But Dubai-based airline Emirates Airways may have found the ultimate solution. Priced in excess of £9,000 and aimed at travellers with an eye for extreme luxury, the airline has introduced its private seating range – a collection of onboard private suites that offer travellers privacy and untouchable comfort. The suites are available on a limited number of long-haul flights and special charters.

With a £9,000 base price, they’re certainly not for budget travellers. But what they lack in frugality is more than made up for by the luxury features on offer. Standard private suites include a complete recliner-bed combination seat, a twenty-three inch television set, and over six-hundred channels of on-demand visual entertainment, radio programs, and satellite broadcasts to tune into.

If that’s not enough, they’re also a versatile business centre. Plug in your laptop and you’ll run into free onboard internet service and a private power supply. The suites are aimed at luxury travellers and high-end businesspeople, and it shows – alongside the reclining seat is a desk and small private workspace. While it’s unlikely passengers will be able to work, it’s certainly a nice addition.

It’s unlikely most travellers will step inside an Emirates private suite. It’s even less likely that they’ll even get to spend an entire flight inside one. But for the travel world’s true high roller class, it’s one experience that’s unlikely to be forgotten.

Picking the Perfect Hotel: Should You Choose a Chain or a Boutique?

Hotel occupancy rates are climbing, albeit at a fairly sluggish pace. While this presents a difficult situation for many of the world’s largest accommodation chains, it’s a golden opportunity for low-cost travellers and bargain seekers. In an effort to increase occupancy and boost financial records, many of the world’s most comfortable hotel chains are offering record low prices.

But does that really make a chain hotel a good deal? The majority of international travellers still opt to stay in a major chain hotel, with industry leader Accor noting that despite financial concern, most travellers are still staying in well-known hotels and ‘big brand’ accommodation. With boutique hotel operators gaining ground in many markets, that dominance may soon disappear.

Boutique hotels are often passed over by international travellers due to their limited online visibility and difficulty in catering to major groups. The vast majority of boutique and independent hotels are limited to low-rank placements on major aggregators and travel booking websites, despite offering service that is on par with – if not above – that provided by major five-star chains.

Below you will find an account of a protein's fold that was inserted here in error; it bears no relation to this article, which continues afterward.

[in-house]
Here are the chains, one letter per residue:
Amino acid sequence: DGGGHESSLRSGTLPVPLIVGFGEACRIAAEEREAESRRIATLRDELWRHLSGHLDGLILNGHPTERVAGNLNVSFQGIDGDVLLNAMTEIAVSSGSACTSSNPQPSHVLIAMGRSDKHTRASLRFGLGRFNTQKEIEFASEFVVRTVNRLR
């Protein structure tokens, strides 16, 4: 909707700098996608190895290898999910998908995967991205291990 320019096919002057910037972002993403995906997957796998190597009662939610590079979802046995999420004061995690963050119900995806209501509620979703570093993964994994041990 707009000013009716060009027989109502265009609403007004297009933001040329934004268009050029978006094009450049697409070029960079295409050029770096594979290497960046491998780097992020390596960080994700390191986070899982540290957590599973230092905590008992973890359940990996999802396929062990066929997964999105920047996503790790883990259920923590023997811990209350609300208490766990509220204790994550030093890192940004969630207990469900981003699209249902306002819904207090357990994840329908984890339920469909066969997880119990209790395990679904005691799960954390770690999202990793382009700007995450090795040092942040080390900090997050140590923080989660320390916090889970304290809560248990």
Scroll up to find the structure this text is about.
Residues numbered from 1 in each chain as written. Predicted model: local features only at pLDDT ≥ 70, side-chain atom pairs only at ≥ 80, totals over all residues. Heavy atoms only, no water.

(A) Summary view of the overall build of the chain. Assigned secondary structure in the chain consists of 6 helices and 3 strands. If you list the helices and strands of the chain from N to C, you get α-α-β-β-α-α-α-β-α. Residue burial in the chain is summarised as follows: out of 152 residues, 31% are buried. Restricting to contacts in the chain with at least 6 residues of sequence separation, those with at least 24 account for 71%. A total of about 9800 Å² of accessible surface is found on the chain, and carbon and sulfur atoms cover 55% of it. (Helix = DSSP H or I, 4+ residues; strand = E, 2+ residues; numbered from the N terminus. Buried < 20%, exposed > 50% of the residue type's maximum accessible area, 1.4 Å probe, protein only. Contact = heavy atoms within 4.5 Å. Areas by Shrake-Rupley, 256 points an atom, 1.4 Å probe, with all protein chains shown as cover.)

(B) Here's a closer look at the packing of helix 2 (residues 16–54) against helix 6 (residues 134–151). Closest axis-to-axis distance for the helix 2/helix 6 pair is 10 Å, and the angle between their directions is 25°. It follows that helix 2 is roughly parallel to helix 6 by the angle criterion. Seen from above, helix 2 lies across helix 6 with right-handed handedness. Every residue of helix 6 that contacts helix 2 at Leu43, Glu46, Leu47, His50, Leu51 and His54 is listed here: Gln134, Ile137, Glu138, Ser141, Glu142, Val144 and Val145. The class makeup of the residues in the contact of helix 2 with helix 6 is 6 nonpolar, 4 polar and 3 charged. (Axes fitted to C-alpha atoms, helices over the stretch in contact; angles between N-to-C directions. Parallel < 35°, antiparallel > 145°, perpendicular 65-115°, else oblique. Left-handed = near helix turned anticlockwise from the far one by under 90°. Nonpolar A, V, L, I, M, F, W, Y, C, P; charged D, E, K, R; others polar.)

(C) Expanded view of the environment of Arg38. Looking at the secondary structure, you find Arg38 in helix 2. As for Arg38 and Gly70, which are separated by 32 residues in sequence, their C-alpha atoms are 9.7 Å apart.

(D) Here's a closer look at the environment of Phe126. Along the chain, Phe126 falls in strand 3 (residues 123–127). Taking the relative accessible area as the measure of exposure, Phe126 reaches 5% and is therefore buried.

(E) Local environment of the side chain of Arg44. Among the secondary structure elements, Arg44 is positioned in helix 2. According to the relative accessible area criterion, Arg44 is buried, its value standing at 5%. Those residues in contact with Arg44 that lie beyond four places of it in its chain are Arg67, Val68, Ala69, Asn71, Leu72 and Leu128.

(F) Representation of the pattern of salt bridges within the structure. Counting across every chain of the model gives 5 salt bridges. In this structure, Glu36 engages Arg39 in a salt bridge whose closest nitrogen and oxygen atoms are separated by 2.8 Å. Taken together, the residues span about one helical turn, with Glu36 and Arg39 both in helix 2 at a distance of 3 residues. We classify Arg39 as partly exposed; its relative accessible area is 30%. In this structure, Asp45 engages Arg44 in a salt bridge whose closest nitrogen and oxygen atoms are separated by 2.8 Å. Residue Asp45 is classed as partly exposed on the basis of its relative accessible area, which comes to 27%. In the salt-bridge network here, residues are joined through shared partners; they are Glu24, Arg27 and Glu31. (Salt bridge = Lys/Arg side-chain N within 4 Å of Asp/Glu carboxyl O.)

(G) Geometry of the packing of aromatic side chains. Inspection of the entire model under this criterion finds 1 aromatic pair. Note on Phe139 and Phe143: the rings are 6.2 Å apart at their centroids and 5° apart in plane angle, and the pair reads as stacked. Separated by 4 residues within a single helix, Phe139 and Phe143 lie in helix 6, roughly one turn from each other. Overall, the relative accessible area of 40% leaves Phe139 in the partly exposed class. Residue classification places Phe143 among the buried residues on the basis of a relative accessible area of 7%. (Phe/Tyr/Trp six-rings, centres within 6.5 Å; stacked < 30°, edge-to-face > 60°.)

Where are these hotels found, then? On independent tourism websites and private weblogs. Smaller local hotels are typically marketed through word-of-mouth and unsolicited reviews, with blogs and other ‘unconventional’ holiday information sources acting as unofficial third-party marketers. It’s an idea that’s beginning to gain ground – many referral-fuelled independent hotels and expanding.

So before you book into the Sofitel, Intercontinental, or Ritz-Carlton, consider looking at the value offered in an independent hotel. While most travellers associate independently managed hotels with limited quality and low-cost accommodation, there is an increasingly large market for luxury hotels outside of the traditional big-brand architecture.

Luxury Travel: Comparing Bali’s Best Private Villas

Few travel destinations match Bali in variety. The Indonesian island plays home to backpackers and multi-millionaires, with a vast array of different accommodation and leisure options. A shining light in Asia’s tropical travel selection, the acclaimed ‘Island of the Gods’ offers more than meets the eye, with an extensive selection of cultural attractions rounding out its immense water sports offerings.

There’s no shortage of information on Bali’s lower end – the ultra-cheap bungalows situated on its southern shores and tourism centres. What we’re more interested in is the island’s luxury side – the beachfront villas and private residences. The island’s top villas can command prices of over $1000 daily, leaving all but the most affluent travellers forced to search for shared hotels.

The first spot any millionaire is likely to look is Bali’s Pererenan Bay, an almost completely empty expanse of beach and smooth rocks separated from the island’s tourist-heavy mainland. Prices tend to be on the high side, with a six-bedroom beachfront villa available from just $2200 nightly in the island’s peak tourism season. Our pick is the ultra-luxurious Villa Waringin, which houses up to ten.